The paraphrased Goebbels diary is a sharp satire on the absurdity of the fascist propaganda, where erotic fantasies and quasi-scientific reflections on human sexuality are used as a weapon to destroy false myths about the Great Germany.

Nevertheless, no matter how grotesque the representation of masculinity in this opus magnum, it is still based on the traditional male cult of heroism and the official presentation of the phallus as the symbol of the social and political power; the revolutionary victory of Goebbels the politician happens simultaneously with the revolutionary victory of Goebbels the procreator.

However, Simplicus developed a much more subversive allegory of masculinity that completely transgresses traditional gender coding. In the cartoon entitled “Abnormality of German Shock-Workers (Storm-Troopers)” , the soldier embraces his round stomach and exclaims with a shocking expression: “Oh, for Hitler’s mustache, it seems to me I’m going to have a baby!”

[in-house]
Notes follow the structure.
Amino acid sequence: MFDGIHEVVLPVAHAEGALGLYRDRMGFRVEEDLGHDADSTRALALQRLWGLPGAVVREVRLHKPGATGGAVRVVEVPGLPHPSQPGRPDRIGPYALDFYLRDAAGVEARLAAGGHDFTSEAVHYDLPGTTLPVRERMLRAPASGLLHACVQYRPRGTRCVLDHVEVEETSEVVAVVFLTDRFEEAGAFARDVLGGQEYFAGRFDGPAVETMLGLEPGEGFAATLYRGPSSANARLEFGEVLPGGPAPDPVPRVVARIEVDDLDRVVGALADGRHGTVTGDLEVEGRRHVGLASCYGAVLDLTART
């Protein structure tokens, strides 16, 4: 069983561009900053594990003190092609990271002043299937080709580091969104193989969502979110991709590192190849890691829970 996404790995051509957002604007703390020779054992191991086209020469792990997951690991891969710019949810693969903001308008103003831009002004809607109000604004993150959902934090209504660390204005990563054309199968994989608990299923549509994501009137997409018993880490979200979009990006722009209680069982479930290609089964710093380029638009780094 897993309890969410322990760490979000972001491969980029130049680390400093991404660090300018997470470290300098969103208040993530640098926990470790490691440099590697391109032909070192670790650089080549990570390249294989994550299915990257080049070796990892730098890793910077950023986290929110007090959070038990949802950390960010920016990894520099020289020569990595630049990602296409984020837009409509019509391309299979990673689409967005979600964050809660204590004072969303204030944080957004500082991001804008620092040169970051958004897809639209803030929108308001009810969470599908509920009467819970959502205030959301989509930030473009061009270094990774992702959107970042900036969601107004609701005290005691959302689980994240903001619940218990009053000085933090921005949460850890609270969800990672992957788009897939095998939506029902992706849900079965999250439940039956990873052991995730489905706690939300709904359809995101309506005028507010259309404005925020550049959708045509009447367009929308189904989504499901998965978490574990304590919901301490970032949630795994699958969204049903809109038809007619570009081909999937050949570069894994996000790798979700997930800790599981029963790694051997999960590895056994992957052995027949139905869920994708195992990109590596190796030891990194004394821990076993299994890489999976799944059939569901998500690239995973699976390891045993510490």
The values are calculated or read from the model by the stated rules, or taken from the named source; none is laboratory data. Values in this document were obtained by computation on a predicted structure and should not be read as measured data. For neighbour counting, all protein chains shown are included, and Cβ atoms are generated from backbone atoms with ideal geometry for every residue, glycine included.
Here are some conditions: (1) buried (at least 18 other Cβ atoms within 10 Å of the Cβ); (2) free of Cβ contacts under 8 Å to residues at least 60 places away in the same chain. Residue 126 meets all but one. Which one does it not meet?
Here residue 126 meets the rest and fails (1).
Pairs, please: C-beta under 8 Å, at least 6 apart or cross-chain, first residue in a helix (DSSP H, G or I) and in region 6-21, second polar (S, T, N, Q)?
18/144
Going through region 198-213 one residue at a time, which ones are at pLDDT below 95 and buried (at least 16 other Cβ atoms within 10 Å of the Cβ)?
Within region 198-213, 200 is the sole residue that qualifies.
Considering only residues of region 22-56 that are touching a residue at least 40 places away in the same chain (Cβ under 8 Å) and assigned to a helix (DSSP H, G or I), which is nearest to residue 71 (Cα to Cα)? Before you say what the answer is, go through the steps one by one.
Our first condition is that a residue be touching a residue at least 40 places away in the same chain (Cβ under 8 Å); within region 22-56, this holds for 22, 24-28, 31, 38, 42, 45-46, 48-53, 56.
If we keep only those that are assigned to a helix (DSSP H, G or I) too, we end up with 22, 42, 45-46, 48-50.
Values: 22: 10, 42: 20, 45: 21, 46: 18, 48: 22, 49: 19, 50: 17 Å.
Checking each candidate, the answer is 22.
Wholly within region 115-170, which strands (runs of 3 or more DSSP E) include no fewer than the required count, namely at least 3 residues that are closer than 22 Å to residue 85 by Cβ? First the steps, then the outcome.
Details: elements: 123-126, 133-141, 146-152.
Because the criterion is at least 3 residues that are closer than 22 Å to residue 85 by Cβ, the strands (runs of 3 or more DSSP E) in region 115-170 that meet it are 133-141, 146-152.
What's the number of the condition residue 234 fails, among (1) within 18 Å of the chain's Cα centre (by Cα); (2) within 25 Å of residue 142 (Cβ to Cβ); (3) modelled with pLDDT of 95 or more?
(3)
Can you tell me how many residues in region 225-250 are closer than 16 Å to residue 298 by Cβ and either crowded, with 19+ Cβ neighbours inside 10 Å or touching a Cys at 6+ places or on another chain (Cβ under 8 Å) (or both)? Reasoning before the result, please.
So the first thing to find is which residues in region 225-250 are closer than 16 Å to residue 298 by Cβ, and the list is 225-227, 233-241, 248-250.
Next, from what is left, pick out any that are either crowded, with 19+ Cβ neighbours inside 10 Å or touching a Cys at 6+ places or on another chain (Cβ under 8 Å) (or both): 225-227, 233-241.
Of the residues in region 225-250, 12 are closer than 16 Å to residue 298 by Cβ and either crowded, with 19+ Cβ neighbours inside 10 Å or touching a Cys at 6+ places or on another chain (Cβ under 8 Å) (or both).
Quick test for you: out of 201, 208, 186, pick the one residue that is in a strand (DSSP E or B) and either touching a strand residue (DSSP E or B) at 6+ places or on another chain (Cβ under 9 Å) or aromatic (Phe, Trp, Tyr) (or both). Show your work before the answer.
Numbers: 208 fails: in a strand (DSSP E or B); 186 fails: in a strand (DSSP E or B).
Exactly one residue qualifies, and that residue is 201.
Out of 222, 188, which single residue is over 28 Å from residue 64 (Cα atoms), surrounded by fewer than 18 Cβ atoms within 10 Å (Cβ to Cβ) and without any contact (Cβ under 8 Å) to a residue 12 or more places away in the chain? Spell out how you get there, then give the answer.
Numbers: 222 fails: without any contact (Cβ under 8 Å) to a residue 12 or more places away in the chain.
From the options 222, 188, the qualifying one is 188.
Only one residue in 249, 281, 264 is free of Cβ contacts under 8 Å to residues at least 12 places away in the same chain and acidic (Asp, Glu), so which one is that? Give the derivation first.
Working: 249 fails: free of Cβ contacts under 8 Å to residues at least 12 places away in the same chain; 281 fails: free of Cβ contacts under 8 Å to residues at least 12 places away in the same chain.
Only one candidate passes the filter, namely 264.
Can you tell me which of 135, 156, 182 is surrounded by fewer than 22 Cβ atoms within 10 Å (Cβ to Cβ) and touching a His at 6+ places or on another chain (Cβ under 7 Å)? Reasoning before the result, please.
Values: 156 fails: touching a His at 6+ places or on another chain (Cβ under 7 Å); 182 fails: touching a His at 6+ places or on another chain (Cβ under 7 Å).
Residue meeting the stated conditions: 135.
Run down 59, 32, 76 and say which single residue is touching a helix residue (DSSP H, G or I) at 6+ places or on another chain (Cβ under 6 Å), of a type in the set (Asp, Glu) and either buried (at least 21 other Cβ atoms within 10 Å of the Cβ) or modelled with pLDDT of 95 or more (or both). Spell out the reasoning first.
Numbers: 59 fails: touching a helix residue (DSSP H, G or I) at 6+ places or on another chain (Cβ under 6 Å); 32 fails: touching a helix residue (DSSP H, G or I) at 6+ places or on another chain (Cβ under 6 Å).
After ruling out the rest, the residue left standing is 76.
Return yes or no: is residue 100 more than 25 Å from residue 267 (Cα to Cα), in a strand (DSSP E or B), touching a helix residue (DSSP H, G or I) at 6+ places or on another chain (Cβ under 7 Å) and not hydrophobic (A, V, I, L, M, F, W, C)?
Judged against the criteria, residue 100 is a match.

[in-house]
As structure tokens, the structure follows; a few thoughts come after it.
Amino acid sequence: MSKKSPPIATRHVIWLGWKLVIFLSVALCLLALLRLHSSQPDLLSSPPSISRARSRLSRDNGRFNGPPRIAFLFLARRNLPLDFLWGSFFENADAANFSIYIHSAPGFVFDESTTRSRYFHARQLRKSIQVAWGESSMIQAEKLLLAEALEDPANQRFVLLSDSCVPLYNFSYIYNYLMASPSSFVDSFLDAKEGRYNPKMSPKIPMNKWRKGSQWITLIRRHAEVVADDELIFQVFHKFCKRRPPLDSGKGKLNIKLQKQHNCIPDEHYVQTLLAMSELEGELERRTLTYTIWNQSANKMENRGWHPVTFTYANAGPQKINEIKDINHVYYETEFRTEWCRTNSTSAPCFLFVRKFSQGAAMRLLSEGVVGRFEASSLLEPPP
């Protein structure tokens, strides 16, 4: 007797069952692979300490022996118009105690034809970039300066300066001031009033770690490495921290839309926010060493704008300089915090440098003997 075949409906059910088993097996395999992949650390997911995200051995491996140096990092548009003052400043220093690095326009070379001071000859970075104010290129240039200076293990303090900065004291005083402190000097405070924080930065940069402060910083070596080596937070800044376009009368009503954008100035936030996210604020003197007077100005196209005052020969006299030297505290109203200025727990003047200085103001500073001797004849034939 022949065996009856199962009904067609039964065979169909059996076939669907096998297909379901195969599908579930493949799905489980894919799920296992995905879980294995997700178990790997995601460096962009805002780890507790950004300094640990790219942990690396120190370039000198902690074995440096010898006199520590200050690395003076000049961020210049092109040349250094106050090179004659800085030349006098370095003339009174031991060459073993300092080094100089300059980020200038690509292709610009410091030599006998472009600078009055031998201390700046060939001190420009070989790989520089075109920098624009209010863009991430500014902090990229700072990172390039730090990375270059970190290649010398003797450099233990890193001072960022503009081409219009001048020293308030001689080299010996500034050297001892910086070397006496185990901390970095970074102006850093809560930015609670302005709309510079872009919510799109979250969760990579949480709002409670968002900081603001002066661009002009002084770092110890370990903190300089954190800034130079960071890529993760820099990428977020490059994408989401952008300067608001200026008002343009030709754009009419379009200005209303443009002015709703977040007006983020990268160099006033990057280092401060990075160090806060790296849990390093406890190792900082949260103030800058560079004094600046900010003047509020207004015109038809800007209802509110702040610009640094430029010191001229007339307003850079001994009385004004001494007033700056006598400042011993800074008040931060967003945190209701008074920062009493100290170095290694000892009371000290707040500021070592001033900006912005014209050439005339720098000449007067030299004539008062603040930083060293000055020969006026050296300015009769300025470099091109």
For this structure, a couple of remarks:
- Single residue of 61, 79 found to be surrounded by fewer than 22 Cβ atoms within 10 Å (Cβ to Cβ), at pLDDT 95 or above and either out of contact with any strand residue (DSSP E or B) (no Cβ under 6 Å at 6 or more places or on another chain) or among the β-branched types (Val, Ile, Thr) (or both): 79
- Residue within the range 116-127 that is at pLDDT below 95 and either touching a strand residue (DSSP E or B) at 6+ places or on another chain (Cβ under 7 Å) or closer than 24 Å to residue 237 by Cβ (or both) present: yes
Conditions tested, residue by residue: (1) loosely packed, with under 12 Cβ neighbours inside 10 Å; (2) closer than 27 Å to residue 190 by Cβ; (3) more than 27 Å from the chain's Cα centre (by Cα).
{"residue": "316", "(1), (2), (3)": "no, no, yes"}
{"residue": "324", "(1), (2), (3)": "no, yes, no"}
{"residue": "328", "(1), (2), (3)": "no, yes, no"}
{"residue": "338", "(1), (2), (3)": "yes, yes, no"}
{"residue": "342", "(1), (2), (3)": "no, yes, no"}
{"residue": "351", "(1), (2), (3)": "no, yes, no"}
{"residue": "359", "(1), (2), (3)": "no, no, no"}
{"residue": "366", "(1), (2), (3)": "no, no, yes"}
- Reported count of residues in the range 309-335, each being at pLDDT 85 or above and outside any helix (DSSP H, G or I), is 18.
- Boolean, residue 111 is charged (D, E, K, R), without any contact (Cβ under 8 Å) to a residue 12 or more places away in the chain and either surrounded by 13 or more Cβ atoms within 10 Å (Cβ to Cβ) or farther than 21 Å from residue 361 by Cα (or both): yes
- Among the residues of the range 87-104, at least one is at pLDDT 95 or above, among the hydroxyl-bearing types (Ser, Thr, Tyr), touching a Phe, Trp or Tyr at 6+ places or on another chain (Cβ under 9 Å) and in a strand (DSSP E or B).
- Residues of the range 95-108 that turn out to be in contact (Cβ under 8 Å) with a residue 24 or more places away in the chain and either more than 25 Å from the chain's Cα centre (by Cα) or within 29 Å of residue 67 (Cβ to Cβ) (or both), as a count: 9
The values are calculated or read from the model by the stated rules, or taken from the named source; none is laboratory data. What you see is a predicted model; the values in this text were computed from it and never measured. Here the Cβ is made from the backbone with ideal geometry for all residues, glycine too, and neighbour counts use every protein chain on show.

The fear of effeminate men was one of the strongest symptoms of modern era that naturally culminated with growing emancipation of women, and such threat was even bigger for the Third Reich that praised a nuclear family, criminalized homosexuality and abortion, and demonized any aberration from traditional gender roles as immoral and deviant.

Thus while a fascist worker or a soldier who falls in love with the nation was seen as a model to be followed, the exaggerated image of boundless love that ends up with pregnancy and turns the “natural laws” upside down threatened the very foundations of national socialist ideology.